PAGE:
The Break-Up scores high marks right from the start with the introduction of its two main stars, Gary (Vince Vaughn) and Brooke (Jennifer Aniston). The setting is playful and flirtatious and the trap is set for the audience to fall in love with the main characters as they, likewise, fall in love with each other. They meet at a Chicago Cubs game and Gary is very charming in his natural, Vince Vaughn-ish way… they move in together, we are shown pictures of their “high times” and the scene is set,… all this…in the opening credits.
One should suspend disbelief a little, perhaps, in that it is not likely that Brooke (who plays an art gallery curator) would go for the middle-class schmoe, Gary… but hey, it’s Rachel from Friends and that hilarious guy from Wedding Crashers! We’ll take a chance.
When the movie came out, I read the reviews and I remember a “you’ll love or hate it”-attitude, and surprisingly, many of the ratings were low. Many had a problem the label of “Romantic Comedy” when it lacked those laugh-out-loud-moments. But here’s my take on this; either a movie is situationally funny (ex. Meet the Fockers), stupidly funny (ex. Dumb and Dumber), repulsively funny (ex. Bruno), cleverly funny (ex. Juno) and most have a mixture. As we learn from Jerry Seinfeld standup, Life, and our collectively-related experiences of it can be very funny. The Break-Up, although not the best of “date movies,” does have a tremendous realism that starts the moment you press play.
Case and point… your wife or girlfriend (I call them by these titles because you wouldn’t likely do this for any “woman”) asks you to help with the dishes after a very long day. All you want to do is take a moment to “put your feet up” and maybe play a game of Xbox. Well, she insists that you help her now. She’s already made up her mind that if you were any kind of man, you’d help her. She’s mad. You, not wanting her to spend the night angry finally says, “Alright, I’ll do it.” But, alas, she is still upset… even more than before because, number 1, you let it carry on for too long, and number 2, she feels that you should want to do the dishes. And to use Gary’s own words, “Who wants to do the dishes.”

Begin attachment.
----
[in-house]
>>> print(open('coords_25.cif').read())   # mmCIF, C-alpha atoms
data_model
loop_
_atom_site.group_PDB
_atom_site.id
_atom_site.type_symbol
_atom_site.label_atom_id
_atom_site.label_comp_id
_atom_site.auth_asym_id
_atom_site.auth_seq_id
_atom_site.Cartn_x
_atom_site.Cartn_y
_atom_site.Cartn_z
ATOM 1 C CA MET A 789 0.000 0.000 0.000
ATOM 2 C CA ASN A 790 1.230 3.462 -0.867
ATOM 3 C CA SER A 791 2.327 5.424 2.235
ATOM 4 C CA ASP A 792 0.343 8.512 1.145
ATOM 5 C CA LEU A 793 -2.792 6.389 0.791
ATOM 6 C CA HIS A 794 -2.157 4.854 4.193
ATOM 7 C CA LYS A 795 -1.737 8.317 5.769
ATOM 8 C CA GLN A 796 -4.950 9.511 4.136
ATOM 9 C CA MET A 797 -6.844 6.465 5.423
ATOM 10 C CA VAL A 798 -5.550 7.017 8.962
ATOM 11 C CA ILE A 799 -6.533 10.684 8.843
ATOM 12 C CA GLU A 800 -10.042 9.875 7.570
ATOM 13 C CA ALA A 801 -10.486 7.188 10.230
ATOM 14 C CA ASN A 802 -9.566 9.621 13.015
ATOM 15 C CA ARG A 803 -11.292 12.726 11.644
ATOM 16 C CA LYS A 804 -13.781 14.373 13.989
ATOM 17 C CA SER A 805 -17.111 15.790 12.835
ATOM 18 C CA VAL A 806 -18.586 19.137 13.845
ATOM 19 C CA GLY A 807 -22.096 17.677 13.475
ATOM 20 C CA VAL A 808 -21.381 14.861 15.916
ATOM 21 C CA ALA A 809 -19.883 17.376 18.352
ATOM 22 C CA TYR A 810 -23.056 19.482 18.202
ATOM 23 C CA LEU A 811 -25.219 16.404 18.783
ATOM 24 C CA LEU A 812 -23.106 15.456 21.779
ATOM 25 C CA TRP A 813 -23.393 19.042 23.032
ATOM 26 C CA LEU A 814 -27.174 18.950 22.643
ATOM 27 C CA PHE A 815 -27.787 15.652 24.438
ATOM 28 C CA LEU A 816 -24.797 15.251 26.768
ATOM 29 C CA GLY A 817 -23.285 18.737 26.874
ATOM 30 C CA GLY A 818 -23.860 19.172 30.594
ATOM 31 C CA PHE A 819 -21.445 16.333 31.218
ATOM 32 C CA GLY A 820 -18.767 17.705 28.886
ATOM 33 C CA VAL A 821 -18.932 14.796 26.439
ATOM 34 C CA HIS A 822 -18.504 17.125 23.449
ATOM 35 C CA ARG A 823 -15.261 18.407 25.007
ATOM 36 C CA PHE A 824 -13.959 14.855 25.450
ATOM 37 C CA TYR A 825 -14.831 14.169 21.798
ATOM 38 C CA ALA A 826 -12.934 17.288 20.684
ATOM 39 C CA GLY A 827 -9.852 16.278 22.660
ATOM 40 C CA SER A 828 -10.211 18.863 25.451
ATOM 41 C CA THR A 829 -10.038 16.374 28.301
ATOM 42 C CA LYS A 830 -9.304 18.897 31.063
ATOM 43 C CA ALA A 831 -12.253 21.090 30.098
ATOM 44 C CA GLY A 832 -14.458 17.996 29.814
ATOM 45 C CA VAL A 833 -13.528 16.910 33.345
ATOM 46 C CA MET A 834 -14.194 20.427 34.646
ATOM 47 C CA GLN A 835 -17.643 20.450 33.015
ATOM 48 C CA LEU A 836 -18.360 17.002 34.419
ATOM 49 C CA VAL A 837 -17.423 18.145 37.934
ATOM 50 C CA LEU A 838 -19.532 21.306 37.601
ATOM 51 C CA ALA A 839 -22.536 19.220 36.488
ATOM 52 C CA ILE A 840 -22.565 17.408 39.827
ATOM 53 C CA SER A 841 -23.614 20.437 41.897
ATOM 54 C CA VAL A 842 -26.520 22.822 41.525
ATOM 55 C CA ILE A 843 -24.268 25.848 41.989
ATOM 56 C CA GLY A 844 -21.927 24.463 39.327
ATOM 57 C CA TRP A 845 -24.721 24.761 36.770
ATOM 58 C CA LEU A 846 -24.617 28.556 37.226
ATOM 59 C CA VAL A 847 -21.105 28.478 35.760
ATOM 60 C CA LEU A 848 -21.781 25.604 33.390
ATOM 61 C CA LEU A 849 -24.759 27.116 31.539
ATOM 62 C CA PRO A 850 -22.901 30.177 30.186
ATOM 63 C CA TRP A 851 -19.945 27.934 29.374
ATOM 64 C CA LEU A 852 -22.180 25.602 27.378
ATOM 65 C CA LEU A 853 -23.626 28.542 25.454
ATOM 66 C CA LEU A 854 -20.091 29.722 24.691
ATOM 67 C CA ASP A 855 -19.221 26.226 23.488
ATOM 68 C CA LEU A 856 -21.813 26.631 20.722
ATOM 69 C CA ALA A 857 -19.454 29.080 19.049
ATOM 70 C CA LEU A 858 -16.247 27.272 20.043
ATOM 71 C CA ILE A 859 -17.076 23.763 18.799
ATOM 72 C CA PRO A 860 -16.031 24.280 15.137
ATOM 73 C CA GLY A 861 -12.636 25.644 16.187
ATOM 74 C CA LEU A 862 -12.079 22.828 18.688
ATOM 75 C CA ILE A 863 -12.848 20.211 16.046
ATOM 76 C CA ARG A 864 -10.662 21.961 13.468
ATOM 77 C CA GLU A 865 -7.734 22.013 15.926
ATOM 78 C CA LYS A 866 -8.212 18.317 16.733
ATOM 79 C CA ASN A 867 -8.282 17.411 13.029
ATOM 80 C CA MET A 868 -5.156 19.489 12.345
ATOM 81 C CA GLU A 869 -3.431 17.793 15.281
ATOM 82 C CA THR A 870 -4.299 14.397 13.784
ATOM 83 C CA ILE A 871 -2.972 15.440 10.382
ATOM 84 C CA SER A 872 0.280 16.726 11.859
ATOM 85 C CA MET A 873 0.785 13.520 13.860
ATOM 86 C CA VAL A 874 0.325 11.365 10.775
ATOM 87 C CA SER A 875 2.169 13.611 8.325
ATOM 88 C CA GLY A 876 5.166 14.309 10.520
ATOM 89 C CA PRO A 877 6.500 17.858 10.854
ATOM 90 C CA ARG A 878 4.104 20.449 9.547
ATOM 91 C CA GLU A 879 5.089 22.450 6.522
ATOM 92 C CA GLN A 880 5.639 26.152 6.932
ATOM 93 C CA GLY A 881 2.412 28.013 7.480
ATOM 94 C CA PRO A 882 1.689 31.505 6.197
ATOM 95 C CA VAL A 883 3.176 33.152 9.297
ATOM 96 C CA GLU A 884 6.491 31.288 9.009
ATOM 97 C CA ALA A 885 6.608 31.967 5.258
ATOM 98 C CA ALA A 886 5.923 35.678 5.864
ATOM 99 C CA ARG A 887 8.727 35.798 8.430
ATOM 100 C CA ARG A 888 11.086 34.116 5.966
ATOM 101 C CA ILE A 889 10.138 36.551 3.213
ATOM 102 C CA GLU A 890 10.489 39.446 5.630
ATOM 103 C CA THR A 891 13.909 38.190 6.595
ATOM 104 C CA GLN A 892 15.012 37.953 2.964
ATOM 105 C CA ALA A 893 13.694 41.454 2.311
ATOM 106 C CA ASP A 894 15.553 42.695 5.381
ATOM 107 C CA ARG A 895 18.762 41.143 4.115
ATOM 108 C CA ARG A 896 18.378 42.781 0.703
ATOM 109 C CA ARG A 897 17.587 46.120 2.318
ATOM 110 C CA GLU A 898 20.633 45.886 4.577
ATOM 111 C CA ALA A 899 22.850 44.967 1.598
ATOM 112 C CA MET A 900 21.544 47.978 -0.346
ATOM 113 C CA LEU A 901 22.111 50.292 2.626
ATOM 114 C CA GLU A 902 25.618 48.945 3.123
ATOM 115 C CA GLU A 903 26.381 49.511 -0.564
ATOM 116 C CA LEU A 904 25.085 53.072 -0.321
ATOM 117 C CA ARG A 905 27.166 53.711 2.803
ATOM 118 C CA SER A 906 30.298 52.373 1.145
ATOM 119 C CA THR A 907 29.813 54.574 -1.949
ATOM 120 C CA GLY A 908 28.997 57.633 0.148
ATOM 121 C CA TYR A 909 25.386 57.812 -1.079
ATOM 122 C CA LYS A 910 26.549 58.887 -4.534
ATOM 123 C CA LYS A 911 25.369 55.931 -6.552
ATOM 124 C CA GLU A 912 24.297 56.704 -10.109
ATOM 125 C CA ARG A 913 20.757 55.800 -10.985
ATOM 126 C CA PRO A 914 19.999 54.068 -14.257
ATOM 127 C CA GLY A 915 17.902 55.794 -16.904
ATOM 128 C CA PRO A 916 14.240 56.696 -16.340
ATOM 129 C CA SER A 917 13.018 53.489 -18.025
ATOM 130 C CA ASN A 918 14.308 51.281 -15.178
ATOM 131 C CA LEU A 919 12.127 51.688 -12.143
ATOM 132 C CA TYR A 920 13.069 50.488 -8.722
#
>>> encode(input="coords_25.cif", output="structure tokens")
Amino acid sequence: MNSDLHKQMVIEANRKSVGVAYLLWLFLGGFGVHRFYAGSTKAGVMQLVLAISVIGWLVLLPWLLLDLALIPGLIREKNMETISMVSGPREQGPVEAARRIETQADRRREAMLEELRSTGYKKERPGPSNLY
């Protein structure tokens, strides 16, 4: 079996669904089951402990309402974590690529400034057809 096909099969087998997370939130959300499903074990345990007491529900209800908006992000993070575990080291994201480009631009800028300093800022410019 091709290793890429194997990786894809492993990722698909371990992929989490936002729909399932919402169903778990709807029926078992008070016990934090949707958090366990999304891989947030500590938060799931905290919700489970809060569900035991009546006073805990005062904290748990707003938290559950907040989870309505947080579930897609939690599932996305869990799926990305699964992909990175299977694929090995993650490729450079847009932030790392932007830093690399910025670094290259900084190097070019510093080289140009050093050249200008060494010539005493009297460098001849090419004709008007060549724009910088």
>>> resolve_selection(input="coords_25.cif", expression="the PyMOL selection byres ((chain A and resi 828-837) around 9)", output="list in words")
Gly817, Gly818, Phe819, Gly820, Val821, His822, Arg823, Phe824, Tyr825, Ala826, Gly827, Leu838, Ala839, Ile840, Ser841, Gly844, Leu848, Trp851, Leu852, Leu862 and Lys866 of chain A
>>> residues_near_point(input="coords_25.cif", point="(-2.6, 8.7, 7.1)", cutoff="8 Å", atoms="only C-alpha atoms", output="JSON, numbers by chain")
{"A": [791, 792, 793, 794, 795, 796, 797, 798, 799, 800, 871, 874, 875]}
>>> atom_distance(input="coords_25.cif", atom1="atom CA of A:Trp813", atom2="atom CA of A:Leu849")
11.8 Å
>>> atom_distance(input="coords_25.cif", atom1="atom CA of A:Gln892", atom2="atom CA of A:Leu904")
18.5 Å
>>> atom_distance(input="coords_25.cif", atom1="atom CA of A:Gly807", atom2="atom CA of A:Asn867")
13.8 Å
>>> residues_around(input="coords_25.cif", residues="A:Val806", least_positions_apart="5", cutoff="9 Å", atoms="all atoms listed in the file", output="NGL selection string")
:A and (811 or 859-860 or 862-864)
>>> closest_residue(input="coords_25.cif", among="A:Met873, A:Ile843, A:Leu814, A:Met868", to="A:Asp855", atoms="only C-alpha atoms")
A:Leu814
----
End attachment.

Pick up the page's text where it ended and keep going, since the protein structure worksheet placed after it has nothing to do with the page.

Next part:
I don’t know if it’s just me, but once the squabbling began, I quickly felt myself picking sides. My girlfriend will vouch for me (at least I think she will) that the realm of the female heart is not completely hidden from me… many issues I can see, but situationally, this movie is a gem for showing both sides and allowing you to see a part of yourself in the character(s). Being able to identify with the situation and/or characters has much to do with the humor. I can see, however, that from a woman’s perspective, this movie might make one a bit nervy and concerned, but on the other hand it may just teach them a little more about their partners. Ladies, guys don’t care about a center-piece, and if they did, decorating it with lemons would be furtherest from their minds.
The Break-Up gets an easy 7 stars for the following: its charming comedy-through-realism; the convincing, emotional acting; and for the use of the game Pictionary being the medium for disaster. Director Peyton Reed could have done more with this film, but I feel the greatest crime was not utilizing all the talent (i.e. Justin Long, Ann-Margret, Jason Bateman).
I look forward to reading your thoughts, comments and/or questions regarding this film. Leave you comment below and for film critique suggestions, hit me up on Facebook.